Cusumano v. Outdoors Today, Inc.

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608 S.W.2d 136 (1980)

Mark CUSUMANO, Plaintiff-Respondent, v. OUTDOORS TODAY, INC., Defendant-Appellant.

No. 41766.

Missouri Court of Appeals, Eastern District, Division Three.

November 12, 1980.

*137 Alan J. Baker, Clayton, for defendant-appellant.

Robert Adler, Clayton, for plaintiff-respondent.

DOWD, Presiding Judge.

Plaintiff, the owner of an apartment unit located in Clayton, Missouri, brought this unlawful detainer action to regain possession of the apartment from defendant, Outdoors Today, Inc. The parties entered into a written lease agreement whereby defendant was entitled to possession of the apartment unit from June 1, 1978 through December 31, 1978, with rent fixed at three hundred dollars per month. Outdoors Today, Inc. continued to occupy the unit through May 18, 1979, which was the date *138 of trial for this action. According to the terms of the written lease, defendant was required to pay twenty-one hundred dollars in rental payments for the seven month period ending December 31, 1978. Both parties agreed that defendant paid a total of twenty-four hundred dollars. However, during trial the parties were in disagreement as to the characterization and effect of the additional three hundred dollar payment.

Defendant gave plaintiff a six hundred dollar check when the parties executed their lease agreement. The lease provided that this payment constituted the June and December, 1978 rents which are the first and last months of the lease. Plaintiff's part-time bookkeeper testified that she recorded twenty-one hundred dollars in rental payments by defendant. The bookkeeper's records indicated that three hundred dollars for the June rent was received, but the bookkeeper did not recall who tendered this amount. The bookkeeper testified that if rent payments were made directly to the plaintiff, she would record that amount plaintiff forwarded to her. The records indicated that defendant paid the rent for July, August, September and October. In November, defendant sent the bookkeeper a check for six hundred dollars. The bookkeeper assumed this check represented payment for the November and December rents and recorded it as such, even though defendant had already paid the December rent when the lease was executed.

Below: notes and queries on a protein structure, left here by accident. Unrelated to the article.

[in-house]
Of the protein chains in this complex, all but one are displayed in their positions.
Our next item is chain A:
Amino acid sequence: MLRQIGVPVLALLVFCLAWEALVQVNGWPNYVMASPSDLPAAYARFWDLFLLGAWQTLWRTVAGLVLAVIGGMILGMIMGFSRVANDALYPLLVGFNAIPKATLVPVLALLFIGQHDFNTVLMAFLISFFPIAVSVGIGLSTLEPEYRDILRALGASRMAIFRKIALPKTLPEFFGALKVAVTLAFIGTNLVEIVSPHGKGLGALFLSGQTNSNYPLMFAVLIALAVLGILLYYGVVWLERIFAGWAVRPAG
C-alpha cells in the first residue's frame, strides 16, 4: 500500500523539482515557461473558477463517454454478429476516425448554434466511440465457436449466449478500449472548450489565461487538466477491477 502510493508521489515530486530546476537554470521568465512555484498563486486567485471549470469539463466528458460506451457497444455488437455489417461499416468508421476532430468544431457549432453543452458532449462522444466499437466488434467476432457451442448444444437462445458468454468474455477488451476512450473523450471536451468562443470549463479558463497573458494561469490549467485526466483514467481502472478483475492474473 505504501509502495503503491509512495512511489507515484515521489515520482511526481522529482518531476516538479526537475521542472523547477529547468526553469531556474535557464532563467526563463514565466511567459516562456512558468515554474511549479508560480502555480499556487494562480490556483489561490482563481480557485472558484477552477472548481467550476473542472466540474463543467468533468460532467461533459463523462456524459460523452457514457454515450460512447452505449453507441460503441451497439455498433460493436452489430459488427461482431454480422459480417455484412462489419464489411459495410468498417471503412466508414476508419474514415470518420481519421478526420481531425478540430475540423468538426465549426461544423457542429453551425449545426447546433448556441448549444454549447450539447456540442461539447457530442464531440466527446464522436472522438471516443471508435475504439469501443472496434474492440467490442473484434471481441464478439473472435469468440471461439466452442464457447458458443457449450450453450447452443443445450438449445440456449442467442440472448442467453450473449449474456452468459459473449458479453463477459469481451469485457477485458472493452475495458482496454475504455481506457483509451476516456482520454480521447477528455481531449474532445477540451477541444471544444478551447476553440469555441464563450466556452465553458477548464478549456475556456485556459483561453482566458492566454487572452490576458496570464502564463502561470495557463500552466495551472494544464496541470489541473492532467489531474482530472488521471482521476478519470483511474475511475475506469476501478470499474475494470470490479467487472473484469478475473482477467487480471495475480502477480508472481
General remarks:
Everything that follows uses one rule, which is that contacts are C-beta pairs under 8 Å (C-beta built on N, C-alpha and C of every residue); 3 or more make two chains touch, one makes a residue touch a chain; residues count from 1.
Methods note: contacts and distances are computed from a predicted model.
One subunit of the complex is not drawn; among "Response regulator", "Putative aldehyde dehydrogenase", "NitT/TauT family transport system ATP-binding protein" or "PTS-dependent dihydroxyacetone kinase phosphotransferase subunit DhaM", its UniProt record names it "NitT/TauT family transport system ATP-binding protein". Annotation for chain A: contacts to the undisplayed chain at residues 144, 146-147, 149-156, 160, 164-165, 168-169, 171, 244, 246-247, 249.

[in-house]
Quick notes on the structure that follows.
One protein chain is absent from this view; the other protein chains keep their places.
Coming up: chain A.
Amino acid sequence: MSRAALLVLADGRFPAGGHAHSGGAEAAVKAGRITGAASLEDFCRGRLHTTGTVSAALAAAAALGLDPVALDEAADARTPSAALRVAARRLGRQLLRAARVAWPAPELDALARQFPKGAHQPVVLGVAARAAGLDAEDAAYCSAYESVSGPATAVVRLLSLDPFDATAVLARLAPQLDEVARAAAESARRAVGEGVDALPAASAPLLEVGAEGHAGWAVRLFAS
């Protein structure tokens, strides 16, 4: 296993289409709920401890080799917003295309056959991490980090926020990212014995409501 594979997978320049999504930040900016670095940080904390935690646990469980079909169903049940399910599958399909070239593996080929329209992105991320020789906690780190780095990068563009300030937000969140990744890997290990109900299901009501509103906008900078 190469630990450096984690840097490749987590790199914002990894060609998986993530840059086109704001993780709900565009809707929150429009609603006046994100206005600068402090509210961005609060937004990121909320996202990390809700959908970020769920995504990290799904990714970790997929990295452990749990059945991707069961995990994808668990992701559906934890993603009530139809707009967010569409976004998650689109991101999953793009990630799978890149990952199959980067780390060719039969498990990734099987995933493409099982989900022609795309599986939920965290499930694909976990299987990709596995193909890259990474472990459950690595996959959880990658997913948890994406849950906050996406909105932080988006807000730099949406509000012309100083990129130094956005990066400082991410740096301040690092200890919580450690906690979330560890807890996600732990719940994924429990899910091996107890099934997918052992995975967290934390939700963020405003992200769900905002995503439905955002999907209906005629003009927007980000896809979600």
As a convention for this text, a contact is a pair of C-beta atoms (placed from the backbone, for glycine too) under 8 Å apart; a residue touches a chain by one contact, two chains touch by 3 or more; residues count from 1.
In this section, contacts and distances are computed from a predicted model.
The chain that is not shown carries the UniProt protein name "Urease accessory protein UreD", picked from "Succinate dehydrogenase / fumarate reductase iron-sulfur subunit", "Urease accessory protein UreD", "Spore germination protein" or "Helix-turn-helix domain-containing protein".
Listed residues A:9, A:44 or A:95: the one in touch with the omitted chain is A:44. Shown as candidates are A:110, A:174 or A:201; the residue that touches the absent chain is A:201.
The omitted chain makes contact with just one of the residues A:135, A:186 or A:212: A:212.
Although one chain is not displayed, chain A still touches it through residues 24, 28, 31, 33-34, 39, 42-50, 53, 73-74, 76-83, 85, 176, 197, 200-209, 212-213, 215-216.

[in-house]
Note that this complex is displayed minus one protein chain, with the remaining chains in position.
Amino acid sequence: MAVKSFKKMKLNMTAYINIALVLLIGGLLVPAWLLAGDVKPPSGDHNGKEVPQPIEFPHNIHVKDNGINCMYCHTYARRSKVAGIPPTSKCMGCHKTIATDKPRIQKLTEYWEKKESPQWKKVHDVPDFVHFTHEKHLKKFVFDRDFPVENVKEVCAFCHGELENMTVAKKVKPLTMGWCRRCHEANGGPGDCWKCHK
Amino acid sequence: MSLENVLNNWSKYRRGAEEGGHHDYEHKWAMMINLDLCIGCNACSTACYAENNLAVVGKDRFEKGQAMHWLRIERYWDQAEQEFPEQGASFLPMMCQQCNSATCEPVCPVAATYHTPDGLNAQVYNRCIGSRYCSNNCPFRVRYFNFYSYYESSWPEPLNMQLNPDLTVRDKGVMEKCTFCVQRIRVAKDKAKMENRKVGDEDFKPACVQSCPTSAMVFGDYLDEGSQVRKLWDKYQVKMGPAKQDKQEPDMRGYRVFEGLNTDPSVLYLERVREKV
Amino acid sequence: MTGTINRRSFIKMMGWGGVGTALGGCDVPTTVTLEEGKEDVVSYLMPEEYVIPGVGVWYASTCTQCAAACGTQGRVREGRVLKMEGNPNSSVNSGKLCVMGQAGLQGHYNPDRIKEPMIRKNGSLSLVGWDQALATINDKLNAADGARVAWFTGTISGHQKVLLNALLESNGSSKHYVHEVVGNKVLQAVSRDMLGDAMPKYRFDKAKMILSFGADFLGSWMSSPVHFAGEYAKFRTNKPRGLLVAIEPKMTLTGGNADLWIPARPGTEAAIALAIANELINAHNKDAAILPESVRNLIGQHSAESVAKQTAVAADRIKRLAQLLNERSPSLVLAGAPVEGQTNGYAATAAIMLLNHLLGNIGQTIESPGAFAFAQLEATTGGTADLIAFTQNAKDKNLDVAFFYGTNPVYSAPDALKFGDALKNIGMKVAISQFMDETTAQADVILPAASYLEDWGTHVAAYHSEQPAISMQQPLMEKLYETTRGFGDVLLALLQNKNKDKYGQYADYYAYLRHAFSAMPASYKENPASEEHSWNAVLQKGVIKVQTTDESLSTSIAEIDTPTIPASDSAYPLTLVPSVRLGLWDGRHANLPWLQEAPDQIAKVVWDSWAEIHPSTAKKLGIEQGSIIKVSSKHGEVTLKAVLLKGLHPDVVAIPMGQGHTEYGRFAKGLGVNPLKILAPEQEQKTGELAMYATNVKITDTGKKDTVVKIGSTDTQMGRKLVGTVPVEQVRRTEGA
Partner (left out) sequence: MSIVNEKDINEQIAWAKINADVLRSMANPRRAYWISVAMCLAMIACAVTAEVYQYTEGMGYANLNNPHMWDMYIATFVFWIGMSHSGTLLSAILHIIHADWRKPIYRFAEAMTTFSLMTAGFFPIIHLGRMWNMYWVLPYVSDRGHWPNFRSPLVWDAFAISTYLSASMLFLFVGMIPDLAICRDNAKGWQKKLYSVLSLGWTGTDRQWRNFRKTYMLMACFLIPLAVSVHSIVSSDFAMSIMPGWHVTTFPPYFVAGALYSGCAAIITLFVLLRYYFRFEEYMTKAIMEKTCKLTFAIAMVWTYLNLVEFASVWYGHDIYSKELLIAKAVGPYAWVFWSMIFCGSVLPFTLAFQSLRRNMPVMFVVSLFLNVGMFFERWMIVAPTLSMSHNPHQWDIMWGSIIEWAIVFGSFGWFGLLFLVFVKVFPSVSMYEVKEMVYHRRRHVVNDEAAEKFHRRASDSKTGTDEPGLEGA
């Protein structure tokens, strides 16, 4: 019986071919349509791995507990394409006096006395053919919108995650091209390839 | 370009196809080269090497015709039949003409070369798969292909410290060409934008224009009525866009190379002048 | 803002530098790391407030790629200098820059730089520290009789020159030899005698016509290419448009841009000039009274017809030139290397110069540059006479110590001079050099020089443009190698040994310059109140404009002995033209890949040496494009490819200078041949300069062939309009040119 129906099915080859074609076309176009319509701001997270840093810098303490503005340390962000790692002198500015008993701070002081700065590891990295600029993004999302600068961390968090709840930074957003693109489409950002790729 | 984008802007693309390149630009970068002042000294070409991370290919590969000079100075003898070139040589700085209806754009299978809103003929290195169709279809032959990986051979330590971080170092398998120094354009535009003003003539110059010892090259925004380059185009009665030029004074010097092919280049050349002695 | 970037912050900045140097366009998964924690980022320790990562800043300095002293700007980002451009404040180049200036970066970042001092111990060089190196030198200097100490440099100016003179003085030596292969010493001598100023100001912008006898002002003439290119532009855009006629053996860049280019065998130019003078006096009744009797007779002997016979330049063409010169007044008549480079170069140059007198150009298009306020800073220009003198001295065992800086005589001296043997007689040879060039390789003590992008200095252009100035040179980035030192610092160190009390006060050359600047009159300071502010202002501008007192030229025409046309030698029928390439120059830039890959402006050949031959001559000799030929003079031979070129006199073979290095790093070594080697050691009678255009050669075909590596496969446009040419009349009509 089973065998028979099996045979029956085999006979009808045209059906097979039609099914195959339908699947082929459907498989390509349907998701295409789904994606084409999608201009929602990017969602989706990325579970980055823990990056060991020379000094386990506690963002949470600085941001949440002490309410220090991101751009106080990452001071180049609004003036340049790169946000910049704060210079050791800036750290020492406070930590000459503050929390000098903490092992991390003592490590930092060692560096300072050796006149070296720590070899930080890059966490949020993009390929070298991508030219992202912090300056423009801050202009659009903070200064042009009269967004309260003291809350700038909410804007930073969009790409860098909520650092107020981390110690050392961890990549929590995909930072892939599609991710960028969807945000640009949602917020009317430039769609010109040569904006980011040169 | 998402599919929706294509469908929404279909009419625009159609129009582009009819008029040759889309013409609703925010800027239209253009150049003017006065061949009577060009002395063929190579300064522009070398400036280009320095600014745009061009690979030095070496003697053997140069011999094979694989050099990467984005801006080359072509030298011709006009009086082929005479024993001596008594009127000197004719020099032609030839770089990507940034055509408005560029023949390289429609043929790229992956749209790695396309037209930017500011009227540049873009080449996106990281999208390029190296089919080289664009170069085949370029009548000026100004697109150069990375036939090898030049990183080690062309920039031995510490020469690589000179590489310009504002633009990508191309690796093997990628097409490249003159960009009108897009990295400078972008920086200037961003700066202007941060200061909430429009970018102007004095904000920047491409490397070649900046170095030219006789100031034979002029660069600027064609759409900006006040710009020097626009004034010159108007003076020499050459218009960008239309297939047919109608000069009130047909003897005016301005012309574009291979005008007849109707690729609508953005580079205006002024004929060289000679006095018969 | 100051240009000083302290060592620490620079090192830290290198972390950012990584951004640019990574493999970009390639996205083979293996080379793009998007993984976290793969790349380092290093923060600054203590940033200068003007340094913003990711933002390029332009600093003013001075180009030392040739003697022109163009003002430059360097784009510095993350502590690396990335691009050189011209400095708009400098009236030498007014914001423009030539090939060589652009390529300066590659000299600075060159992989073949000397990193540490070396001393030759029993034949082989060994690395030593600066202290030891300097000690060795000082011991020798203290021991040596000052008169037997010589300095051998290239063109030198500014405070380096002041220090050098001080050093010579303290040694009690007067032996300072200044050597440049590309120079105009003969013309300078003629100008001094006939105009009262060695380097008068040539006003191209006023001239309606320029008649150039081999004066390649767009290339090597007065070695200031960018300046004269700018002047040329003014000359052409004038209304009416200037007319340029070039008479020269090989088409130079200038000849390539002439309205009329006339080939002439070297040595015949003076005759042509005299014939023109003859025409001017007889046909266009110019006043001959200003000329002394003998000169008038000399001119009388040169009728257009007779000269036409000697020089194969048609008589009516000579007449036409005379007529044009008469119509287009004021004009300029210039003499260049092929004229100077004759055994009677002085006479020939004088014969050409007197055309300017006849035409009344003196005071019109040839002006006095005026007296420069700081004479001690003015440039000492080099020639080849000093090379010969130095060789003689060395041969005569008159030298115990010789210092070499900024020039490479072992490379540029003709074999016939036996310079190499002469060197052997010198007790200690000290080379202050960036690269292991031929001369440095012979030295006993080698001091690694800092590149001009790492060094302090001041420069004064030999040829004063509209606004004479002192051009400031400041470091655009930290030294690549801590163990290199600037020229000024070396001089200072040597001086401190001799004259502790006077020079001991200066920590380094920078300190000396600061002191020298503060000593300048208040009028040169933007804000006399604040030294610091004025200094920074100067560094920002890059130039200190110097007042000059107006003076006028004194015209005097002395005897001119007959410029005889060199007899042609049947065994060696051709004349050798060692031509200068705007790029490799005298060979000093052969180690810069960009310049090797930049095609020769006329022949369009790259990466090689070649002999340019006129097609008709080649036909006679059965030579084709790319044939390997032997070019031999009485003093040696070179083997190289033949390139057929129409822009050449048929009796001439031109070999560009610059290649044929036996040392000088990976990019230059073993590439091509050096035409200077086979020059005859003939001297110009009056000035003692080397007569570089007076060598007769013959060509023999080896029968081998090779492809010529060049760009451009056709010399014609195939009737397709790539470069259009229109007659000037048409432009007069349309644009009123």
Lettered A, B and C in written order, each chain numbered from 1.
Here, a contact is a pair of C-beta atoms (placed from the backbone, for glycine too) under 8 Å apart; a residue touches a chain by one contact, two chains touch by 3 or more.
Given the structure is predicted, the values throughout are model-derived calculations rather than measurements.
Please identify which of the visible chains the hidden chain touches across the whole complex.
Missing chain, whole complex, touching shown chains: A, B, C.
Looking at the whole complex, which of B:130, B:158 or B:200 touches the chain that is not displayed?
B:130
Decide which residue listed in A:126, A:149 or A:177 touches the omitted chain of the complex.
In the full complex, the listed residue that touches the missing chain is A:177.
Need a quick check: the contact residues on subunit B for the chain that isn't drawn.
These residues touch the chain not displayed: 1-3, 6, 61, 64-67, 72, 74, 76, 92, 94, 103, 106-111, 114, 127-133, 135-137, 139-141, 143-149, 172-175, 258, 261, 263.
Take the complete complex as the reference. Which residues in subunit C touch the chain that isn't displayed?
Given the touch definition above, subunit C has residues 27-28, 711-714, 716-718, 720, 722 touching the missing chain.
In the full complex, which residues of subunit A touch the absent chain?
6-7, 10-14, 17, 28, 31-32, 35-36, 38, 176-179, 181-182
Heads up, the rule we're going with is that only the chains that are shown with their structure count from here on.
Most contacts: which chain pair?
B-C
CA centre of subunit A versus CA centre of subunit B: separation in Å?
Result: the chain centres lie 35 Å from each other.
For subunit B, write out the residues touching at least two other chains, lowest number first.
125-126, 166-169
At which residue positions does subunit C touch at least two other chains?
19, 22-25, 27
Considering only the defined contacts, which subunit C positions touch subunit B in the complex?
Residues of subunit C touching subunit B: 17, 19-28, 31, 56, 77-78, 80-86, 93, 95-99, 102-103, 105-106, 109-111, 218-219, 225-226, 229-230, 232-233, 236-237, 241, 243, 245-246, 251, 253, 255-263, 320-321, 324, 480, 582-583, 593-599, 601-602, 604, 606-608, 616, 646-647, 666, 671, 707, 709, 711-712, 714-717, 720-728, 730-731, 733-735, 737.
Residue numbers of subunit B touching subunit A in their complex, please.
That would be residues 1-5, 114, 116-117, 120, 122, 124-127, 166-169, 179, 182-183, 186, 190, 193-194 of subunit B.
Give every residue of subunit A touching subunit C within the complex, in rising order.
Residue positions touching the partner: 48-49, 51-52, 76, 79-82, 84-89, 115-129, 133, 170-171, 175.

Plaintiff testified that while he received the initial six hundred dollar check upon execution of the lease, he did not know how this payment was recorded in his bookkeeper's records. Plaintiff acknowledged receipt of a total of twenty-four hundred dollars from defendant, but stated that three hundred dollars of this amount was an overpayment of rent caused by defendant's six hundred dollar payment in November rather than the three hundred dollars he was required to pay pursuant to the terms of the lease. Plaintiff also testified that he attempted to return the three hundred dollars on several occasions in December and never accepted any rental payments from defendant after the November, 1978 payment. Furthermore, plaintiff stated that he asked defendant to leave the premises in December and January, and employed an attorney during December for the purpose of having defendant removed.